Department of Labor Logo United States Department of Labor
Dot gov

The .gov means it's official.
Federal government websites often end in .gov or .mil. Before sharing sensitive information, make sure you're on a federal government site.


The site is secure.
The https:// ensures that you are connecting to the official website and that any information you provide is encrypted and transmitted securely.

Beyond BLS

Beyond BLS briefly summarizes articles, reports, working papers, and other works published outside BLS on broad topics of interest to MLR readers.

December 2022

Labor market tightness during recessions

Summary written by: Lisa N. Huynh

World War I (WWI) and the events surrounding the war resulted in volatile economic conditions. In “Labor market tightness during WWI and the postwar recession of 1920–1921(Federal Reserve Board, Working Paper 2022-049, July 27, 2022), Haelim Anderson and Jin-Wook Chang analyze the labor market during and after WWI to determine how labor supply and demand reacted to tightening monetary policy during a period of high inflation. This period of high inflation and tightening monetary policy shares similar macroeconomic qualities to the recession that resulted from the coronavirus disease 2019 (COVID-19) pandemic. In their analysis, Anderson and Chang examine these similarities to better analyze the economic conditions of the current period. Since detailed labor market data were not collected until 2002, the working paper can only analyze the functioning of the labor market during the WWI era instead.

In their working paper, Anderson and Chang relate their research to other literature that addresses the aftermath of WWI, the 1918 influenza pandemic, and the 1920–21 recession. The authors also observe the behavior of the labor markets and the Federal Reserve’s monetary policy and its effect on the 1920–21 recession. As a result, the authors attribute the behavior of the U.S. labor market between 1918–21 to two key aspects: the 1920–21 recession and the public employment offices (created to match employees and workers to reduce labor market inefficiencies). In addition to helping address reoccurring unemployment among the workforce, the public employment offices help provide labor market data, such as the supply and demand of labor and the probability of getting hired. Using data from the New York public employment office, the authors examine data of labor markets before and after WWI by using the Labor Market Bulletin, which reported labor statistics from 1916 to 1921 for New York by industry-occupation group and gender, including counts of jobseekers, vacancies, job placements, and wages.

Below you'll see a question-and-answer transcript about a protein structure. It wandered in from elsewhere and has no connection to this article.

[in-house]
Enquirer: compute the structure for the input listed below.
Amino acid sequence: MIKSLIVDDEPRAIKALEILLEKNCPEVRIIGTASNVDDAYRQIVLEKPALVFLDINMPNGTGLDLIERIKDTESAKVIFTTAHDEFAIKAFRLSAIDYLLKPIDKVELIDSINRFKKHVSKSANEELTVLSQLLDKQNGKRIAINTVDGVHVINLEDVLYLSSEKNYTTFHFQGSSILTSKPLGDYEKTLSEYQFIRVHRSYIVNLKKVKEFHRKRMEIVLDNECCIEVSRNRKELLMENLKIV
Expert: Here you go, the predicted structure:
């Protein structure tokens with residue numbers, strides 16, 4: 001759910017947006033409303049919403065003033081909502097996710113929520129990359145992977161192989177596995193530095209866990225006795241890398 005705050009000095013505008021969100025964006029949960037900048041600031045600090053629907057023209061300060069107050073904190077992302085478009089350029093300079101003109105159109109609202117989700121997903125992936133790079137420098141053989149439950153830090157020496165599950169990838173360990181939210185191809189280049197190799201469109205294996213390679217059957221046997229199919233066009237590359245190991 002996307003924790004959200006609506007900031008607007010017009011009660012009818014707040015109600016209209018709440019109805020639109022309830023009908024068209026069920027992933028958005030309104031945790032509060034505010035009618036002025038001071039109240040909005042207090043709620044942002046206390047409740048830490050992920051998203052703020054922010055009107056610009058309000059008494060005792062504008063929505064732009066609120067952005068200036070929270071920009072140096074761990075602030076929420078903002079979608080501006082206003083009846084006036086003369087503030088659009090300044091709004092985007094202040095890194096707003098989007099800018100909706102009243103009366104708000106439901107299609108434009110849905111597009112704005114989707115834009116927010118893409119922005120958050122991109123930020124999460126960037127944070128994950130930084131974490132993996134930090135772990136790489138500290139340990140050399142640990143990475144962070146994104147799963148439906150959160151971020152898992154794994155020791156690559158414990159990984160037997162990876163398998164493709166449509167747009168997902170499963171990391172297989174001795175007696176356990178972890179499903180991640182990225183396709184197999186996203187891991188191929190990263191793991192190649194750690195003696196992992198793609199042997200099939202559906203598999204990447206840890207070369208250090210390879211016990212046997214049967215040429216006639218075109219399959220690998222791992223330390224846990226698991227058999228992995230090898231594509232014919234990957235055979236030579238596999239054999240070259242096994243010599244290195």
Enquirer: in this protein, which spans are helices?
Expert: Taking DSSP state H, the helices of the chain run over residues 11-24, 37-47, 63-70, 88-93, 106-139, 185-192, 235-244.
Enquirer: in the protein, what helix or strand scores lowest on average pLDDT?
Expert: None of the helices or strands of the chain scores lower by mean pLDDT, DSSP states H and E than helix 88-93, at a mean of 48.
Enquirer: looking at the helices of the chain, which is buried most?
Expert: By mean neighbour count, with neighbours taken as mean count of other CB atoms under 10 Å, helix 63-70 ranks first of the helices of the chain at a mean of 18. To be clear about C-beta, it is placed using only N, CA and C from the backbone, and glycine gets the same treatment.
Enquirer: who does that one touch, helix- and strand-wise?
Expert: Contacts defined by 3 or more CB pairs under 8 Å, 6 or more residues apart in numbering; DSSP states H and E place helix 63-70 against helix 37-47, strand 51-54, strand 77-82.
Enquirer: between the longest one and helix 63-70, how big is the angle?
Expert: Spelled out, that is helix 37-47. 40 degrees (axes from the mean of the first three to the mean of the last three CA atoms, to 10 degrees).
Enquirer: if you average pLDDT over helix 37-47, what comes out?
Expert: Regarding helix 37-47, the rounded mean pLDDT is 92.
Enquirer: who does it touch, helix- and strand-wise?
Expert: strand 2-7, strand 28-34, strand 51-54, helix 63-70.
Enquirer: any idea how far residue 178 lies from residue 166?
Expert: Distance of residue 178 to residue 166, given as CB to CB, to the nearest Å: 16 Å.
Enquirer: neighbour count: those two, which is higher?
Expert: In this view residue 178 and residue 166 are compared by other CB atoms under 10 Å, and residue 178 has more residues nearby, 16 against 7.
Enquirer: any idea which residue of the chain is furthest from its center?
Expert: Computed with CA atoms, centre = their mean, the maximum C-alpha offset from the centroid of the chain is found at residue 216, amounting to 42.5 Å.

The authors found that during the mild recession of 1918–19 and the more severe recession of 1920–21, the federal government reduced fiscal spending, which maintained an easy monetary policy, and then tightened monetary policy. Naturally, a tight labor market would result in high employment and rising real wages. Immediately following the war, wartime restrictions ended and the demand for labor increased as households increased consumption. However, with monetary policy tightening, labor demand fell quickly and the economy fell into a recession. Labor supply remained stable while job vacancies decreased. Demand for labor decreased within manufacturing and industrial sectors, resulting in less job vacancies and openings. This recession disproportionately highlights the gender inequalities within the labor market. The sectors most affected by the recession were male dominated, such as manufacturing. And service sectors, which are more female dominated, were little affected.

From their findings, Anderson and Chang reveal that because inflation in 2022 has reached its highest level in the past 40 years, policymakers are worried about the economic recovery from the COVID-19 pandemic. By observing the economic conditions of a similar recession with macroeconomic qualities, however, analysts can better understand how to address the recession that has resulted from the COVID-19 pandemic. In addition, the authors conclude that tightening monetary policy under macroeconomic risks can unintentionally disrupt the labor market across sectors and genders.